Charter, counsel and clarity

Meriden Mayor Manny Santos says it’s personal. Corporation Counsel Michael Quinn says it’s a matter of principle. Santos says that Quinn simply wants to save his job. Quinn says that Santos wants to thwart the City Charter and a longstanding tradition.

A Superior Court judge ruled last month that Quinn is not entitled to hold his position, because the City Council reappointed him improperly, without a recommendation from the mayor. Quinn holds that the judge is wrong; that the City Charter, as revised, leaves that appointment to the council alone. The council voted to appeal the court’s ruling, but the mayor vetoed that decision.

Will the majority Democrats be able to marshal the eight votes needed to overturn the Republican mayor’s veto? If not, Quinn says he’s prepared to file his own appeal, if necessary at his own expense. Will the Appellate Court overturn the Superior Court’s ruling? Only time will tell.

A reasonable person might very well come down on either side of this question — because the charter doesn’t make it crystal clear. Therefore, an appeal should go through. The charter’s meaning needs to be clarified, because the judge didn’t do so. This is the city’s problem, though; Quinn didn’t create it and he shouldn’t have to pay for it.

Santos says that with his veto he was simply trying to save the taxpayers of Meriden from “reckless” spending on an appeal at a time when families are struggling and the city’s cupboard is pretty bare. Other council appointments, to various boards and commissions, have also been successfully challenged, in lawsuits that will cost the city a substantial amount, but the city is not appealing those decisions. Santos was not a party to the suits and he “may or may not” have known any of them were coming, but many people take that statement with at least a grain of salt, especially since he expressed a desire to replace Quinn even before taking office.

Quinn insists that the planned appeal of the corporation counsel ruling is not about “politics” but about carrying out “the will of the people” as expressed in the charter. And yet, on the evening of last Dec. 2, the former mayor, Michael Rohde — his fellow Democrat, instead of the new mayor, Santos, a Republican — was allowed to nominate people to boards and commissions. Was that “the will of the people”? A judge has ruled otherwise.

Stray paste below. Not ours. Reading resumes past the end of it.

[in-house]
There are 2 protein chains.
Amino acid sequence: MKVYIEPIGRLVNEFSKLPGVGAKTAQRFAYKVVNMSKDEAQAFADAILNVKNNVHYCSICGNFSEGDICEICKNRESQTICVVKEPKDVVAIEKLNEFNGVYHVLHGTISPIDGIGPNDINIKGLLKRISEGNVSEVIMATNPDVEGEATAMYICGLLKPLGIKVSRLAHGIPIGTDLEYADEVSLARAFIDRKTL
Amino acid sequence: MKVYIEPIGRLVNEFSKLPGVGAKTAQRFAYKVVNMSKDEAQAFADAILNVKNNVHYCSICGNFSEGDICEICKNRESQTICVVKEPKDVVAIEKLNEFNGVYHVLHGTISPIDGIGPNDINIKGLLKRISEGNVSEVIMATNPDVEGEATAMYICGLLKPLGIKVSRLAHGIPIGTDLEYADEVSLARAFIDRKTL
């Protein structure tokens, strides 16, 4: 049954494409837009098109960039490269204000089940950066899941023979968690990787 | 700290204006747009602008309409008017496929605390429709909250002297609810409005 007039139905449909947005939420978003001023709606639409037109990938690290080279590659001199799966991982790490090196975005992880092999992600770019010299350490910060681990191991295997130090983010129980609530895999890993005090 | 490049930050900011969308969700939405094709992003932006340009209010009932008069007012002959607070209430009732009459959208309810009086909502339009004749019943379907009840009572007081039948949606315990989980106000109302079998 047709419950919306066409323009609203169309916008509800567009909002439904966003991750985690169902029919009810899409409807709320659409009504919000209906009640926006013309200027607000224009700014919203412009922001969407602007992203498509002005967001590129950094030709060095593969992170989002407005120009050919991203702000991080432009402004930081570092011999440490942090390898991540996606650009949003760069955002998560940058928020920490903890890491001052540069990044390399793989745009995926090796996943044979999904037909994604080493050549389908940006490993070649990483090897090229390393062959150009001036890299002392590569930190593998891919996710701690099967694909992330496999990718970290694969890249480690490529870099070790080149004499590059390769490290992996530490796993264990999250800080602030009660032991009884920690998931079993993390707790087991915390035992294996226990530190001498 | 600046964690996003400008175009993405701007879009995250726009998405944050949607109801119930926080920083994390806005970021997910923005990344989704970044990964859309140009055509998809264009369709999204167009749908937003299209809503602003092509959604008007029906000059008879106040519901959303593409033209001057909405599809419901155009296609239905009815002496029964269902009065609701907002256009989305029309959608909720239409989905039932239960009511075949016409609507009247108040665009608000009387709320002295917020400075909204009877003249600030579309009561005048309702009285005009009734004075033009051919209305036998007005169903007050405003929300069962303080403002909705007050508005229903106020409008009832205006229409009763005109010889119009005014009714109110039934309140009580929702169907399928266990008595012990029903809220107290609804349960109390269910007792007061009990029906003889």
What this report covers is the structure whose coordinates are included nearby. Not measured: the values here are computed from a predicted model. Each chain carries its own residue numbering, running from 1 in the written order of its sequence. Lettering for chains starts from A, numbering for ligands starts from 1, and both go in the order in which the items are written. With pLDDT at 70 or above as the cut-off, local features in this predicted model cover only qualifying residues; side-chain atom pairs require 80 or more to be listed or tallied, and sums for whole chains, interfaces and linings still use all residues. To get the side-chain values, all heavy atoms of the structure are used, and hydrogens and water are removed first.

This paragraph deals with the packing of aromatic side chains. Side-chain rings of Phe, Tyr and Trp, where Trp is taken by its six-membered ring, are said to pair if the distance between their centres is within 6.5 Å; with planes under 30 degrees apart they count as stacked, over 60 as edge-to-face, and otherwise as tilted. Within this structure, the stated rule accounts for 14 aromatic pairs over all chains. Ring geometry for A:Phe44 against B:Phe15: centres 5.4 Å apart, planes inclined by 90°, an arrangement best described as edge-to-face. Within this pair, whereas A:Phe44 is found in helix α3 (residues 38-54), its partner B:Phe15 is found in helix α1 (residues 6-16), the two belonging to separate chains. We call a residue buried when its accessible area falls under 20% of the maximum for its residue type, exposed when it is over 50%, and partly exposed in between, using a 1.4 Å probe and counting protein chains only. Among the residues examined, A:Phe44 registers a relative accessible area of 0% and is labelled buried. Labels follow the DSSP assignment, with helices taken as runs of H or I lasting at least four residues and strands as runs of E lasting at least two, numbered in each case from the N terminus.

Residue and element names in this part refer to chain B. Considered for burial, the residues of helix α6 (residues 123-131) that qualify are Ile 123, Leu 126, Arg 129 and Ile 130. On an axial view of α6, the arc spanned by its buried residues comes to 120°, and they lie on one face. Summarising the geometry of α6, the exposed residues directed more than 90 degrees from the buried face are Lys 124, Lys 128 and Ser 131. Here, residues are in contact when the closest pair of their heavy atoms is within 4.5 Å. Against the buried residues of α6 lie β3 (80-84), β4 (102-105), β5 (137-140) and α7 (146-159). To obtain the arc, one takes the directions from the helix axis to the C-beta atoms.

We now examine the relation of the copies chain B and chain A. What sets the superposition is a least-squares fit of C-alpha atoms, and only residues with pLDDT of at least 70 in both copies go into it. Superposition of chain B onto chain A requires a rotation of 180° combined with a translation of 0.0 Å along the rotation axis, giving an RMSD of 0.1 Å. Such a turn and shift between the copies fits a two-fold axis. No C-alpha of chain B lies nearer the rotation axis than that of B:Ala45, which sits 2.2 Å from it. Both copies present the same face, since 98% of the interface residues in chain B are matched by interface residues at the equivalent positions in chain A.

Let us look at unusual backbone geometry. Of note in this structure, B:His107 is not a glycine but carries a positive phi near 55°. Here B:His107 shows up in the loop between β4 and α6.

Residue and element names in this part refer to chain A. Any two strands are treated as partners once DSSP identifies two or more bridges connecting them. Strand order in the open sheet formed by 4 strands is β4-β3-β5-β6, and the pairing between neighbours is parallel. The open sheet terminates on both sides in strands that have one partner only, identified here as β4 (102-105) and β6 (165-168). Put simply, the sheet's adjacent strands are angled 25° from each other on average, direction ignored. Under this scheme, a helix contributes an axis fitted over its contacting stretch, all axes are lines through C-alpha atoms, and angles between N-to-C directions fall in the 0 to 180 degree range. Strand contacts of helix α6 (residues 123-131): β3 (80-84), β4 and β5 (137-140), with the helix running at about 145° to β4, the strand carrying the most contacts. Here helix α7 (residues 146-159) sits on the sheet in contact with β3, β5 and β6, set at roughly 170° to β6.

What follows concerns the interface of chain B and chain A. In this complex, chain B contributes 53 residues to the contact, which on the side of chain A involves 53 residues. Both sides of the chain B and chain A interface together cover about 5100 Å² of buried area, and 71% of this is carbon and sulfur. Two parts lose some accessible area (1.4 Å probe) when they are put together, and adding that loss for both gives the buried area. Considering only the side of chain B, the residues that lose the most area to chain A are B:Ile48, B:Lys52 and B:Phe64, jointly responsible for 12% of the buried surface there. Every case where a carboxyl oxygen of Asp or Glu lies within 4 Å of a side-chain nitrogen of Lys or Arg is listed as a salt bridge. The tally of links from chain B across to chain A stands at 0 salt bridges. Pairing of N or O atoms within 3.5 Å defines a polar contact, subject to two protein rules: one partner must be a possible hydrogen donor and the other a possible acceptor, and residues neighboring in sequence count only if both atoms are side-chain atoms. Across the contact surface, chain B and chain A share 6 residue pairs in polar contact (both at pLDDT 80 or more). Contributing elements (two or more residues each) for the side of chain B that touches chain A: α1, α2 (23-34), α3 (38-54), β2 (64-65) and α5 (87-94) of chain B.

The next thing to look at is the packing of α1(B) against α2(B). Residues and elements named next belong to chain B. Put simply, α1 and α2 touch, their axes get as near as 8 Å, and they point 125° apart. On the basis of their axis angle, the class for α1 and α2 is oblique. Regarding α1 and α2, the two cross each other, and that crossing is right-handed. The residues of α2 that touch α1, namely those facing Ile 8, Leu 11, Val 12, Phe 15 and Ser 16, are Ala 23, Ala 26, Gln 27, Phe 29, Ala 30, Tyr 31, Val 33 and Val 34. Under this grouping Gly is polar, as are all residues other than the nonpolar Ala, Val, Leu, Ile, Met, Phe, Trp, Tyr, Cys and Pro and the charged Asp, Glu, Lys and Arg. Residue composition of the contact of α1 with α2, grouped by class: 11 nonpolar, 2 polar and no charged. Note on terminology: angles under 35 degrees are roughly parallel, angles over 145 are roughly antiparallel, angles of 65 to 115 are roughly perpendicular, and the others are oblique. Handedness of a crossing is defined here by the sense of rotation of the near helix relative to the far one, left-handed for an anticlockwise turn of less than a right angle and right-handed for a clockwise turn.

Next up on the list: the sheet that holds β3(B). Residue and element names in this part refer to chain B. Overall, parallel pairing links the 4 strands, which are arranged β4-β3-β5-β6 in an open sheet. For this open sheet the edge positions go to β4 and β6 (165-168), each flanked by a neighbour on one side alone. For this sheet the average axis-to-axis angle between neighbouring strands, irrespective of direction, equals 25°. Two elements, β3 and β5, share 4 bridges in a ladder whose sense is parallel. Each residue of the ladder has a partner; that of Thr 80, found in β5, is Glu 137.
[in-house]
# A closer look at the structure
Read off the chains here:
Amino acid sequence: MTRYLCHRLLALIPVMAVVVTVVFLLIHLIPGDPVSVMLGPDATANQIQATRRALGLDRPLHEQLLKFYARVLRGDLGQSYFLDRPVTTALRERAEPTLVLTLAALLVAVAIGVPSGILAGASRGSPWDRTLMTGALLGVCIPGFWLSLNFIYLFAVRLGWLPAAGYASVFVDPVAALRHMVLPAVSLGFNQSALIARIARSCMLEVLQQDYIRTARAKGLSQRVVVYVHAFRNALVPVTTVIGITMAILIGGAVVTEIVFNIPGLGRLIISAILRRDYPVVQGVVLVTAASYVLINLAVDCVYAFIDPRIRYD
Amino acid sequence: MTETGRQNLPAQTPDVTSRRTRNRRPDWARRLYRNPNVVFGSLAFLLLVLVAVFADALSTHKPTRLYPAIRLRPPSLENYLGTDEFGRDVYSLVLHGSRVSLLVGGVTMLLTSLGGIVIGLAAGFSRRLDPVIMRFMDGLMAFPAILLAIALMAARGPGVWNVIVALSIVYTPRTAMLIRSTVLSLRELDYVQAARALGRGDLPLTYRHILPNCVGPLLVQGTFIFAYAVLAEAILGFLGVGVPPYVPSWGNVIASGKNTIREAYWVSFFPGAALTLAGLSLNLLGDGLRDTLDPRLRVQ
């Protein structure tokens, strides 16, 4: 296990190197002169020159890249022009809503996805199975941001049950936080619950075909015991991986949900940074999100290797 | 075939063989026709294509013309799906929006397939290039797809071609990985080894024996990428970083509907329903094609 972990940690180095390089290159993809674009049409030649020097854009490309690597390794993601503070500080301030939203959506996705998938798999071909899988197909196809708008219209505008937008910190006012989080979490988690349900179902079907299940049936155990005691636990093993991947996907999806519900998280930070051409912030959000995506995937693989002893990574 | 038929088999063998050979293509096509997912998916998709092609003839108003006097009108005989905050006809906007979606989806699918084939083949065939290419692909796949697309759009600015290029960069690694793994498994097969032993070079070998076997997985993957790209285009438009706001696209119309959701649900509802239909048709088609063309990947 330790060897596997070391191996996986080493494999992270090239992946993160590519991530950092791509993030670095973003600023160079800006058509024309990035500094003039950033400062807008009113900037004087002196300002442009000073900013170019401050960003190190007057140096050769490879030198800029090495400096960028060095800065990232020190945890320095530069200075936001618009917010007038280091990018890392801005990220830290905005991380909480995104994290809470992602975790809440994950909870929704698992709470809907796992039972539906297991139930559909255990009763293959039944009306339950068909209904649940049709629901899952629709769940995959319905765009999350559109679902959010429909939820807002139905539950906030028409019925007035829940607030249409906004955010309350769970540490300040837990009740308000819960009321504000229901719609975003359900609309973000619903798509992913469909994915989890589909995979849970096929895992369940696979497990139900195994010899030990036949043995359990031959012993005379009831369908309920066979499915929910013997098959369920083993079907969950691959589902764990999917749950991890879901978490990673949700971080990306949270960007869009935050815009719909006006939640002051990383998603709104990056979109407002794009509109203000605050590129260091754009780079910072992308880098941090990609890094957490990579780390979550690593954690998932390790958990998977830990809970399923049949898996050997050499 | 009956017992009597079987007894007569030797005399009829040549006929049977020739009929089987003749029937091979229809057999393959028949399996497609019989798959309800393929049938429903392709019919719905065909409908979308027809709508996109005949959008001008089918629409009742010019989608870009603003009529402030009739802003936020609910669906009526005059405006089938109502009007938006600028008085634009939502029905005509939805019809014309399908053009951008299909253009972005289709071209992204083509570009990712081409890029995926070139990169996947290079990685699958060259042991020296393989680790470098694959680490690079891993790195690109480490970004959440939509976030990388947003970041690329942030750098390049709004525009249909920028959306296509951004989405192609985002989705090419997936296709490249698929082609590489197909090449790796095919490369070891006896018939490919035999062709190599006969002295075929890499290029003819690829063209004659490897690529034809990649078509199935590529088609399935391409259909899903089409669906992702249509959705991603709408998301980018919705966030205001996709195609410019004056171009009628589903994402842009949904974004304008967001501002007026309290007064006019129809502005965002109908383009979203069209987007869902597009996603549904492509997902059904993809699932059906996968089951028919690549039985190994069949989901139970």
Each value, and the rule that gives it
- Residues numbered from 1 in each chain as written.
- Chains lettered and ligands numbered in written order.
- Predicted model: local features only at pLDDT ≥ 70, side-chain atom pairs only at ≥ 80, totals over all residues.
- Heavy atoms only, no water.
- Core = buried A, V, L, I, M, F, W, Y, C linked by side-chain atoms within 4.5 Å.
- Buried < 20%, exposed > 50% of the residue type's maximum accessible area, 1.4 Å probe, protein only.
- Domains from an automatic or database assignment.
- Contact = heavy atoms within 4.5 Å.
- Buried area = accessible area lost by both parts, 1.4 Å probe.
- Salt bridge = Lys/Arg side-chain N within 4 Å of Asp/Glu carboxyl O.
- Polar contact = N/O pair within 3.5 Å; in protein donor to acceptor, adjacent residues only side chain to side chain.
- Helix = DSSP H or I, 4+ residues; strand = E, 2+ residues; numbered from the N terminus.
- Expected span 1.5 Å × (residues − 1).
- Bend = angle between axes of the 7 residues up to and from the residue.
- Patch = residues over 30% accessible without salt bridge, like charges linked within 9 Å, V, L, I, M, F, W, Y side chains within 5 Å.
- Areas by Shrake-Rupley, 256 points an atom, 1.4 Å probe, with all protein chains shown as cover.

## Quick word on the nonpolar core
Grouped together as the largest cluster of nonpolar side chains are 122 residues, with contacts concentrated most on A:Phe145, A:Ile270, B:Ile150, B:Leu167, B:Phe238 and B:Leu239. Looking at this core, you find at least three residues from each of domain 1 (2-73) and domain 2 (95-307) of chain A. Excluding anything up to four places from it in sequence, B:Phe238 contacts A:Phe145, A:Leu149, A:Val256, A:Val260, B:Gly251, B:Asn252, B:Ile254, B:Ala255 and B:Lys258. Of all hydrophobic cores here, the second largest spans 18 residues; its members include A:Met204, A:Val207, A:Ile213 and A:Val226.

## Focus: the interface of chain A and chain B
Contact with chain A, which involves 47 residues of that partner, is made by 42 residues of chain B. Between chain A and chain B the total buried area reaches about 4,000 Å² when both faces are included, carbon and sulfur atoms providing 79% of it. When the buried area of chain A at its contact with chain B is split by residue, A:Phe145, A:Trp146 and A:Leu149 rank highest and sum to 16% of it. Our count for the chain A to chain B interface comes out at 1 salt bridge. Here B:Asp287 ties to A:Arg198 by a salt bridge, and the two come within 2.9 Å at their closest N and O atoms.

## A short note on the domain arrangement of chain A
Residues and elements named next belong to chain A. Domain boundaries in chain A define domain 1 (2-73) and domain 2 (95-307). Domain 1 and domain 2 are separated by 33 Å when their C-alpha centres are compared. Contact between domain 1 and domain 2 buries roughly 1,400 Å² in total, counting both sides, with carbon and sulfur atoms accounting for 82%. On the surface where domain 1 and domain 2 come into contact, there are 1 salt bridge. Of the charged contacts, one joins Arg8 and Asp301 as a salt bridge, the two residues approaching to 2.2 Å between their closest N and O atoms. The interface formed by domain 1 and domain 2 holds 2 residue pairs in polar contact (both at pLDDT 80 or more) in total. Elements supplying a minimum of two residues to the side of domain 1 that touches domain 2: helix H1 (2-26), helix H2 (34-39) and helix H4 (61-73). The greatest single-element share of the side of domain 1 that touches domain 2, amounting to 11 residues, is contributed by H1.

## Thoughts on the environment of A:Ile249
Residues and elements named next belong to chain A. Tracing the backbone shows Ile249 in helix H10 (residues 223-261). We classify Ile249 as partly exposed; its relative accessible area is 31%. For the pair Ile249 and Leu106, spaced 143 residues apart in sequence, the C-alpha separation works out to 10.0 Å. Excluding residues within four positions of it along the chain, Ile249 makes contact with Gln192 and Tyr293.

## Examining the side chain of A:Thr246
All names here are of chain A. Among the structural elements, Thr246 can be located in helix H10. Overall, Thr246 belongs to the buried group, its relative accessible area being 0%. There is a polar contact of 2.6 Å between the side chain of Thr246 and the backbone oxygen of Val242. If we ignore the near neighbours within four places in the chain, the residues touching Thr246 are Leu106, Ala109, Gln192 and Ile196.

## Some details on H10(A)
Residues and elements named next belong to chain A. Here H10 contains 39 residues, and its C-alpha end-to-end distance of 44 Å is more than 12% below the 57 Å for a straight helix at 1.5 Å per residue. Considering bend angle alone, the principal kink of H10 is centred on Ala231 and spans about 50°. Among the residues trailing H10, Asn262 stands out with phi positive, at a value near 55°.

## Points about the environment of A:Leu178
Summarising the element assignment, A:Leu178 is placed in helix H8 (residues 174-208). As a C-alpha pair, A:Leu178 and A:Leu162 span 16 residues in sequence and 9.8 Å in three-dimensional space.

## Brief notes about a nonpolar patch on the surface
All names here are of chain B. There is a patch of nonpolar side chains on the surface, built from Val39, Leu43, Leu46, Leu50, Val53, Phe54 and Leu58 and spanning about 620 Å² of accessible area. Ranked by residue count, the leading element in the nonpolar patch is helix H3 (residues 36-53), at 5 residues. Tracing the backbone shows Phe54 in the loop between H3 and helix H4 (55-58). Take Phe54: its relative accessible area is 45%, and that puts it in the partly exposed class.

Taking the oath in the morning was a crafty move by Santos — some would say too crafty — but that doesn’t change one word of the charter. It’s simply a fact that Santos was the mayor of Meriden at the moment when another person, the by-then-former mayor, was allowed to exercise a power that belongs to the mayor.

A reasonable person might be honestly confused as to how a corporation counsel is supposed to be named, but the charter is clear that the power to recommend people for those other positions belongs to the mayor. So we have to wonder: With all the expertise in the room that night, and with Santos already sworn in, was there no one on hand — no one among those who should be most familiar with the City Charter — who could have stood up and asked whether the proceedings were in line with that charter?

Certainly tradition was at play here, and one time-honored tradition is that people tend to assume that the way they’ve always done things is the right way. We are, after all, creatures of habit, and in groups we often seem to operate on automatic pilot.

But we have to ask whether someone shouldn’t have taken the wheel that night and put the meeting back on a proper course.

Santos is a new figure on the political scene, who is only beginning to establish his name. Quinn is a familiar face, with a proven ability to work with people of other political parties. Since the storm and stress of the first weeks of his administration, Santos has offered an olive branch by nominating four Democrats.

It would be good to see that olive branch accepted.



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